Would You Hire an Executive Who Can’t Do Simple Math?
I got a pitch today from an executive recruitment outfit that wanted me to pay to get listings. (Never mind that I’m not in the market for such a job, or that I’d contact employer-paid executive recruiters if I were.) Out of curiosity, I looked at their rates:
Look at the last three. For 90 days, they want $99, but for 180 days, they want $219! In other words, pay more than twice as much for twice the period. Likewise, the 360-day play is a few bucks more than four 90-day plans.
I jokingly ask sometimes in my classes, How many of you went to law school to study math? (I have yet to see a single hand raised.) Still, a) this is trivial math and b) they’re looking for corporate “execs” (or at least senior folks) for whom basic math must be a core competency.
If you’re running a business or a P&L (profit center or cost center) within a business, you need to understand all sorts of cost and profit tradeoffs — and spot errors quickly.
Errors such as this.
If I were still a hiring manager, I wouldn’t hire an applicant who couldn’t spot this error quickly.
I suppose you could make a case that the 90-day plays are auto-renewing, which means they’ll keep charging you $99 each quarter if you don’t cancel, so that with the 180-day plan you’re paying a premium of $21 to ensure that you don’t get billed for an extra period. Sorry, but I don’t think I’d hire (at this level) anyone who couldn’t figure out how to put a reminder on his or her calendar to cancel the program near the end of the 180-day period. $21 is too much of a premium (relative to $198) to pay for this type of insurance.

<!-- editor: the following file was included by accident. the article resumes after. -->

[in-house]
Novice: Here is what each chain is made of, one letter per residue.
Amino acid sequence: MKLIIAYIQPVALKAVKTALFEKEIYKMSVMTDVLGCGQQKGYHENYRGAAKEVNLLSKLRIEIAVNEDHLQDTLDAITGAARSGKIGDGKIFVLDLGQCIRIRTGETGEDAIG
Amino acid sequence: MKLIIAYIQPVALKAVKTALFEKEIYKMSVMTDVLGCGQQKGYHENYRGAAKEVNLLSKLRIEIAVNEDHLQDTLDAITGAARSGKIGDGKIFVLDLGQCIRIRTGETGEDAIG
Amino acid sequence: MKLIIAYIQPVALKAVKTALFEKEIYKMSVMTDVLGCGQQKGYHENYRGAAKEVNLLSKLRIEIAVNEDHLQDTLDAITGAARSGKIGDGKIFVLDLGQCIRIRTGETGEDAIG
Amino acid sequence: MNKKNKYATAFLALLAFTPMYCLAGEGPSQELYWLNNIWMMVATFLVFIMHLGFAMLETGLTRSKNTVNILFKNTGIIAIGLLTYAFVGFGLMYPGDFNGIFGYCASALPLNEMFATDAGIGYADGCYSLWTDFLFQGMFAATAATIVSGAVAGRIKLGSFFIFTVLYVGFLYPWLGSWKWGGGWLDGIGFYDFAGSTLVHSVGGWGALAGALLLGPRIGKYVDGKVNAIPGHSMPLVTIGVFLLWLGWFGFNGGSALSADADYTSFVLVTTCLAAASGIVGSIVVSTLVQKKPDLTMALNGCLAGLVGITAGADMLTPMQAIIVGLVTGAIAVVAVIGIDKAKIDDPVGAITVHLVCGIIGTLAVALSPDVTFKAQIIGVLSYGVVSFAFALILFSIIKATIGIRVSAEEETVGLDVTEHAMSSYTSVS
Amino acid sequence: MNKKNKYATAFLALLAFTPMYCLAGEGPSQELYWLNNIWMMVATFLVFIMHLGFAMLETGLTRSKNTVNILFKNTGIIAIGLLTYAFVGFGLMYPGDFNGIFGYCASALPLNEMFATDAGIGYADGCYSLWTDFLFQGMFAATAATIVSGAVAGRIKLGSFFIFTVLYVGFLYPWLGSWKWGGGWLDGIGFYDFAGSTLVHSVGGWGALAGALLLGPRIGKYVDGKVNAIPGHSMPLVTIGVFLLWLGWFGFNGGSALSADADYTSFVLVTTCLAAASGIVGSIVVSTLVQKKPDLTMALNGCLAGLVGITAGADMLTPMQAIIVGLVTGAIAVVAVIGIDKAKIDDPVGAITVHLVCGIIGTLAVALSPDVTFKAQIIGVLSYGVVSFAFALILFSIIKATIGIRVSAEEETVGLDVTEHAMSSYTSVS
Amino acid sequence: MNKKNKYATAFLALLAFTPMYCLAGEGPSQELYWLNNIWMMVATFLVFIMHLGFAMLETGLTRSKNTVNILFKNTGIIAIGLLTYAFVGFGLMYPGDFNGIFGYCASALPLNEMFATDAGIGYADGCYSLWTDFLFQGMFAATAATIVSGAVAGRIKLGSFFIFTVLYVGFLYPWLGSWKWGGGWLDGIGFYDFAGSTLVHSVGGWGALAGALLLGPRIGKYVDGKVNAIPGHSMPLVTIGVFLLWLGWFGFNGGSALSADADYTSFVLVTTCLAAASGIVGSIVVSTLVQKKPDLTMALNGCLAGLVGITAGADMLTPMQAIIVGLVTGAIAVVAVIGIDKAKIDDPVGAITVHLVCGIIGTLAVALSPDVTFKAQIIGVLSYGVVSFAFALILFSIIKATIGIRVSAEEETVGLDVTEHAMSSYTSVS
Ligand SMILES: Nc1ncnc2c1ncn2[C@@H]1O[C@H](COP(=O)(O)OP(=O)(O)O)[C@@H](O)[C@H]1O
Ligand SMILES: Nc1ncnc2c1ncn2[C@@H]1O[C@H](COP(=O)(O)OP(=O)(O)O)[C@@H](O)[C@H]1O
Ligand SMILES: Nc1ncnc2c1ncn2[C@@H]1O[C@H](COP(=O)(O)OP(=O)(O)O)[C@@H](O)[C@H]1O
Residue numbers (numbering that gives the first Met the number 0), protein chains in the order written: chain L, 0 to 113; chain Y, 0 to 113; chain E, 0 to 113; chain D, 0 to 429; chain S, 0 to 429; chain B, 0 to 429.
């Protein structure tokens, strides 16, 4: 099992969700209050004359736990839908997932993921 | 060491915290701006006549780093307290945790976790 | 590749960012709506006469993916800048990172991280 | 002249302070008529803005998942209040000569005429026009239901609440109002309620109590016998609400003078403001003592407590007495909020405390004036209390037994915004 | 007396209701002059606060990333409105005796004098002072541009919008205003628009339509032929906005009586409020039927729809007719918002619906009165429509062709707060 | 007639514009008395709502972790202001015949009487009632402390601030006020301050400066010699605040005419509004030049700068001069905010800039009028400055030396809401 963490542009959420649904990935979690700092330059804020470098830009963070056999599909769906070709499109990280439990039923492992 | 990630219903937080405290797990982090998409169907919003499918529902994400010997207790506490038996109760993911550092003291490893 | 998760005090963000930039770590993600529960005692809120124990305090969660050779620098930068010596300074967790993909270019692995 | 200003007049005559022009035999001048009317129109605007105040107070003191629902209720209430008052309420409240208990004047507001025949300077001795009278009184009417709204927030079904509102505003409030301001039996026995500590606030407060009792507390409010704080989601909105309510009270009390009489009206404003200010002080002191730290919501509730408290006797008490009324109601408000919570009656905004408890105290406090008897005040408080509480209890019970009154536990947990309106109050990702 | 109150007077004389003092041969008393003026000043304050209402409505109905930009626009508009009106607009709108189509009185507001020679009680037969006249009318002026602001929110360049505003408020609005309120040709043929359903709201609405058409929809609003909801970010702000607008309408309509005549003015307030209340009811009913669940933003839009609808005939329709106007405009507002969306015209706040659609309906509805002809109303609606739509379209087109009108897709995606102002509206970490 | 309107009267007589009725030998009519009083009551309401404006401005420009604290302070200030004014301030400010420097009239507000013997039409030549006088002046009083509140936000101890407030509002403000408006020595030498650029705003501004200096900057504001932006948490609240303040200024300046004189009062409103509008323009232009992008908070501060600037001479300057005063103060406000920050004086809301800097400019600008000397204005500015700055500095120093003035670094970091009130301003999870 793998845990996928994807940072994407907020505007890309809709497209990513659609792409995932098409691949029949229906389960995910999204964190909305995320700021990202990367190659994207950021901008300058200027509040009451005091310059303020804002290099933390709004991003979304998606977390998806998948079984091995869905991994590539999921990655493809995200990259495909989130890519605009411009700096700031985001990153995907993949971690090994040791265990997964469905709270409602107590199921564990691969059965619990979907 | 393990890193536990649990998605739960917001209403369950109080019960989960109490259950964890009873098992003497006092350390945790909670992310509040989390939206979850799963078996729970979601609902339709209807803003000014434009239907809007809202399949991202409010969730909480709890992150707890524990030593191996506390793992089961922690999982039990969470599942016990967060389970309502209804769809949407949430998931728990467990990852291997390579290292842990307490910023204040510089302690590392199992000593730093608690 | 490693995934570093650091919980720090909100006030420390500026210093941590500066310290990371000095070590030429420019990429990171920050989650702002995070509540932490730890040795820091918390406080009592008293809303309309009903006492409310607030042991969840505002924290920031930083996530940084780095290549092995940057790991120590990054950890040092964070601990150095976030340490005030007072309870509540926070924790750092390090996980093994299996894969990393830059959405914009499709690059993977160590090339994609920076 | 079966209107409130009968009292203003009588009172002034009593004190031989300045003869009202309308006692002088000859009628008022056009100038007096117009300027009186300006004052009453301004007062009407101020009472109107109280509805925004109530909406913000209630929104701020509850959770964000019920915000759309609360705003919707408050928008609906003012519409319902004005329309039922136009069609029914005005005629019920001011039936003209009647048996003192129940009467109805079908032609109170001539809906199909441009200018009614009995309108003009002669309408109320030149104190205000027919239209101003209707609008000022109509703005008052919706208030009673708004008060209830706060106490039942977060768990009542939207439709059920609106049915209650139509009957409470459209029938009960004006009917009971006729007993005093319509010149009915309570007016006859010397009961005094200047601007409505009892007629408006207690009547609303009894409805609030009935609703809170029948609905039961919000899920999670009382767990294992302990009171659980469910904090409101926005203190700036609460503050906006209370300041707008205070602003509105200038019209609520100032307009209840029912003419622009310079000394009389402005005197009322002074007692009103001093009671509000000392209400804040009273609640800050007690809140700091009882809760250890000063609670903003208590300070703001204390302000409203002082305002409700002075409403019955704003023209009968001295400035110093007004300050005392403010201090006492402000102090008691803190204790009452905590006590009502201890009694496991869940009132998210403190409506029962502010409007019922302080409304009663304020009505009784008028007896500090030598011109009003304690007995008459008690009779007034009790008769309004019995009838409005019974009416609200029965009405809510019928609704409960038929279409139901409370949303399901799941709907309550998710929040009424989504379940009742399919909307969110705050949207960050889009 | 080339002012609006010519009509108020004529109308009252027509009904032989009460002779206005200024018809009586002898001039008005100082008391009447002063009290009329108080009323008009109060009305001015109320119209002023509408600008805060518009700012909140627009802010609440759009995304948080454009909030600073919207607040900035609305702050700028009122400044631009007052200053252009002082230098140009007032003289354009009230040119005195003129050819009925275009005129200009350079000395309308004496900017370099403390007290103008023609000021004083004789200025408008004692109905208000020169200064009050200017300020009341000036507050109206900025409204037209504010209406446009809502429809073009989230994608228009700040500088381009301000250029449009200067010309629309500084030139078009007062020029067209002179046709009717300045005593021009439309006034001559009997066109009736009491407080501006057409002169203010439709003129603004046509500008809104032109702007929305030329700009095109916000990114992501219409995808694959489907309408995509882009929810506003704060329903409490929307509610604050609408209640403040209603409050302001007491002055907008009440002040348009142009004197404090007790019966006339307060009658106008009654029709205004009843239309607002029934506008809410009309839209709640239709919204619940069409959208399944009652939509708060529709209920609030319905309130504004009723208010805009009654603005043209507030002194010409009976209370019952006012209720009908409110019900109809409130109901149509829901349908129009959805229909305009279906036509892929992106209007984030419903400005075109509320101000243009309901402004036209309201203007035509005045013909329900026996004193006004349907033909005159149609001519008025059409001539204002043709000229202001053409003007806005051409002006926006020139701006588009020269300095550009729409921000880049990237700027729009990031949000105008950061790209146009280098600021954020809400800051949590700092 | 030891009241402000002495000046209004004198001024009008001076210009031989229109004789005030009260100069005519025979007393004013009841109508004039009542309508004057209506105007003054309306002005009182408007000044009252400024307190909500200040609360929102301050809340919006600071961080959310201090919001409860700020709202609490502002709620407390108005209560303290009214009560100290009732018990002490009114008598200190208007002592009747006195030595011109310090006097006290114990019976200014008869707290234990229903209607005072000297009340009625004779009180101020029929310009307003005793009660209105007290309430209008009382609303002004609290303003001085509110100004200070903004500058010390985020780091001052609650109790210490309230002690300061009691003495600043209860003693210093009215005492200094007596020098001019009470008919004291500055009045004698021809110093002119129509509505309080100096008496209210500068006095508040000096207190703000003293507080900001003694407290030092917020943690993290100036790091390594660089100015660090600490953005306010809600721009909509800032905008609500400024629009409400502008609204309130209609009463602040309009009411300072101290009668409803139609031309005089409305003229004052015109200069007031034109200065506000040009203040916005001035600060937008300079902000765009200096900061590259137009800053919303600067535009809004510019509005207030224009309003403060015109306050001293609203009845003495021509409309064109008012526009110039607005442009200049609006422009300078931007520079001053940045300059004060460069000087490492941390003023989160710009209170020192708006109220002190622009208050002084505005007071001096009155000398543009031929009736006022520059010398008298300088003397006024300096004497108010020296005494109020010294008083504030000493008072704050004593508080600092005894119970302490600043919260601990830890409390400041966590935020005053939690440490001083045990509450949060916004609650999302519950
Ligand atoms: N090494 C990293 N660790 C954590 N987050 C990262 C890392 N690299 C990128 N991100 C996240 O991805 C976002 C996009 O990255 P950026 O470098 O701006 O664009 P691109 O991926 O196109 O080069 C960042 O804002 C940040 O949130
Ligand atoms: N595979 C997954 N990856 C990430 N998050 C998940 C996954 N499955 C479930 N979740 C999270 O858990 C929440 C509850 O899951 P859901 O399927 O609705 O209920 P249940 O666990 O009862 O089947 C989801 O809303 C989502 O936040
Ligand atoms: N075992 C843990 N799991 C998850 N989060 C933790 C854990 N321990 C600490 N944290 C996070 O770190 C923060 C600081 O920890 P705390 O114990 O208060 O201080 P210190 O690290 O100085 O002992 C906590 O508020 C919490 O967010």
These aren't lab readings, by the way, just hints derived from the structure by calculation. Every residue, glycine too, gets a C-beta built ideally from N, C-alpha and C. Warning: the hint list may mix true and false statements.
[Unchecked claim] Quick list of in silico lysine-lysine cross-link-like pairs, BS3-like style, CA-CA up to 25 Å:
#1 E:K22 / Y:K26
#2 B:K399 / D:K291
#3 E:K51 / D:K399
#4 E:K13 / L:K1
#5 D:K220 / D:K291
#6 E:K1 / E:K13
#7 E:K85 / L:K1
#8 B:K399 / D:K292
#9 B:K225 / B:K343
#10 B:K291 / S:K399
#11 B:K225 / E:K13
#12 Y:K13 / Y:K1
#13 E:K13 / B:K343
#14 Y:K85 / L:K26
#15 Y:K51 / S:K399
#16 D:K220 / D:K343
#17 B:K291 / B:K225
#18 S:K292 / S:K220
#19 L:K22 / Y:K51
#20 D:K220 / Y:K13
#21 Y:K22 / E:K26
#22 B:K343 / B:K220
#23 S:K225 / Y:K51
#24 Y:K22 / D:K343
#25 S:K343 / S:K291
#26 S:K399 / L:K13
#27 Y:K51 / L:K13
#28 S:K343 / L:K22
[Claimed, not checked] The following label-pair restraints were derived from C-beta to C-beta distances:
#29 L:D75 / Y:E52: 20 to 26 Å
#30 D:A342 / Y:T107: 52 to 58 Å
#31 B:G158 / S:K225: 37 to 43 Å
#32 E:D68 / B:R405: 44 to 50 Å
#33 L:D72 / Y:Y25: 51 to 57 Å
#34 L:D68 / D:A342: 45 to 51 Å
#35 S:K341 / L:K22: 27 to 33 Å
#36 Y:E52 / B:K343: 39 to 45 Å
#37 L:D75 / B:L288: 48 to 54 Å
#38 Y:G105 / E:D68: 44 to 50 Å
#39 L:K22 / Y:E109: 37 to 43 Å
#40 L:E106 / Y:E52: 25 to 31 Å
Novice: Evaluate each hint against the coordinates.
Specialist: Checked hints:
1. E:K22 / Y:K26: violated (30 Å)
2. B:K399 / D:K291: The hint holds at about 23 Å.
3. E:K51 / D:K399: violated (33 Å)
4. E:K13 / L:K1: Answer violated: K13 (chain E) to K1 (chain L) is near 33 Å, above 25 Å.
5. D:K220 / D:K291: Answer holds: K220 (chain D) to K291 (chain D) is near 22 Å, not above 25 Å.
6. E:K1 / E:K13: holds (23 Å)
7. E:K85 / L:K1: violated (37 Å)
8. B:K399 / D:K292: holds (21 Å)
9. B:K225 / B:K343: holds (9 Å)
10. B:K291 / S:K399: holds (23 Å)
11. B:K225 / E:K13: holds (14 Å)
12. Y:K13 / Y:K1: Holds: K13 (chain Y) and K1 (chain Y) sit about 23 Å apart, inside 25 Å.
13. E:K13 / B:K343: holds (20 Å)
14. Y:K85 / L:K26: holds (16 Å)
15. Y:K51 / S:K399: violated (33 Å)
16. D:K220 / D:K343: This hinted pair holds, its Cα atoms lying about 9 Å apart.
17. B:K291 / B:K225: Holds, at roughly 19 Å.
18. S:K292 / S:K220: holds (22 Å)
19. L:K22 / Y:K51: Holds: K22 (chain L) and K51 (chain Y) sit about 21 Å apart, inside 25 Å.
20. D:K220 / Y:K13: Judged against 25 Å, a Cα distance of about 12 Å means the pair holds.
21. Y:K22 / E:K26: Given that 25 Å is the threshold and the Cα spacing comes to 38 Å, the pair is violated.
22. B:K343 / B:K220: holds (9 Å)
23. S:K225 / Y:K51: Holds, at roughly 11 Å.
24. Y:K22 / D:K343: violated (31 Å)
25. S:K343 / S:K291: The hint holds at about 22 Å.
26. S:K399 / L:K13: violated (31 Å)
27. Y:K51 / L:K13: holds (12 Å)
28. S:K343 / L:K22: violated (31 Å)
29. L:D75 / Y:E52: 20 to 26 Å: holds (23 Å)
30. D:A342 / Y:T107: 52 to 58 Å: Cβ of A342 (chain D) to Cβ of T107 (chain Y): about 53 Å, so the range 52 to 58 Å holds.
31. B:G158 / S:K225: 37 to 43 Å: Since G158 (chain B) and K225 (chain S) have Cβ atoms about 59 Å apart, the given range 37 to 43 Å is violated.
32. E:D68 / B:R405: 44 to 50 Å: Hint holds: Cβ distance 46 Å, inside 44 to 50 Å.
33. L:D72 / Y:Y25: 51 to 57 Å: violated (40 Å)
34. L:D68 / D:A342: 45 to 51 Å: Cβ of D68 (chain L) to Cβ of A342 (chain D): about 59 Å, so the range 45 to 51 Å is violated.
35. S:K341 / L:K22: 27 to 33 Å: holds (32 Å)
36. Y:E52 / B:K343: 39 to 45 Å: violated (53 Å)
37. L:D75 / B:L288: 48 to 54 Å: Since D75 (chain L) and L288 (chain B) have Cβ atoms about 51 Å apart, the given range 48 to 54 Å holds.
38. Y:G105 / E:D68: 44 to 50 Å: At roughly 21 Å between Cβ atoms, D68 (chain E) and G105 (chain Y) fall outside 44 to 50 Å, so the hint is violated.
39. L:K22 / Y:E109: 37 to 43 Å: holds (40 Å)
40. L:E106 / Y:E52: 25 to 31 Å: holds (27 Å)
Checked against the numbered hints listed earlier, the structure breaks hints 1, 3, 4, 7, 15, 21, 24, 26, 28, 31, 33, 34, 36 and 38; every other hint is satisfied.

To be fair, there are, I’m sure, excellent leaders who lack math skills (though this one is kind of obvious). And they often have business managers (under various titles) who handle complex data for them. Nonetheless, they’ll often be in situations where they need to make quick decisions about matters without the ability to study them fully; they need at least an instinct that something is amiss.
I sat in an ethics session a few weeks ago where the following problem was presented: You are the attorney for one party in a deal. At the break, you realize the other party has made a math mistake that will accrue to your benefit, and they have indicated they are unaware of it (“This deal looks pretty straightforward, doesn’t it?”). Your business partner says, “Don’t say anything about it.” What should you do?
I’ve seen this play out in real life as well.
Ethics aside, contract law aside (do you have a contract if the minds aren’t really meeting?), from a purely business standpoint, your business partner in this example is foolish! Assuming you want to do business in the future with this other party, you’d better correct the mistake now. The goodwill you earn will pay off in the long run.1
A little basic math skill goes a long way.
I’m not talking about calculus or even trigonometry or algebra. The ability to do the four basic functions — add, subtract, multiply, and divide — are all that are needed, and you don’t even need to do it accurately. In the example above, it doesn’t matter what the difference between $99 twice and $219 is ($219 – $198 = $21). All that matters is that you recognize the anomaly, that $219 is the opposite of a bargain. You don’t need to ace all the math courses in the law school to figure that out.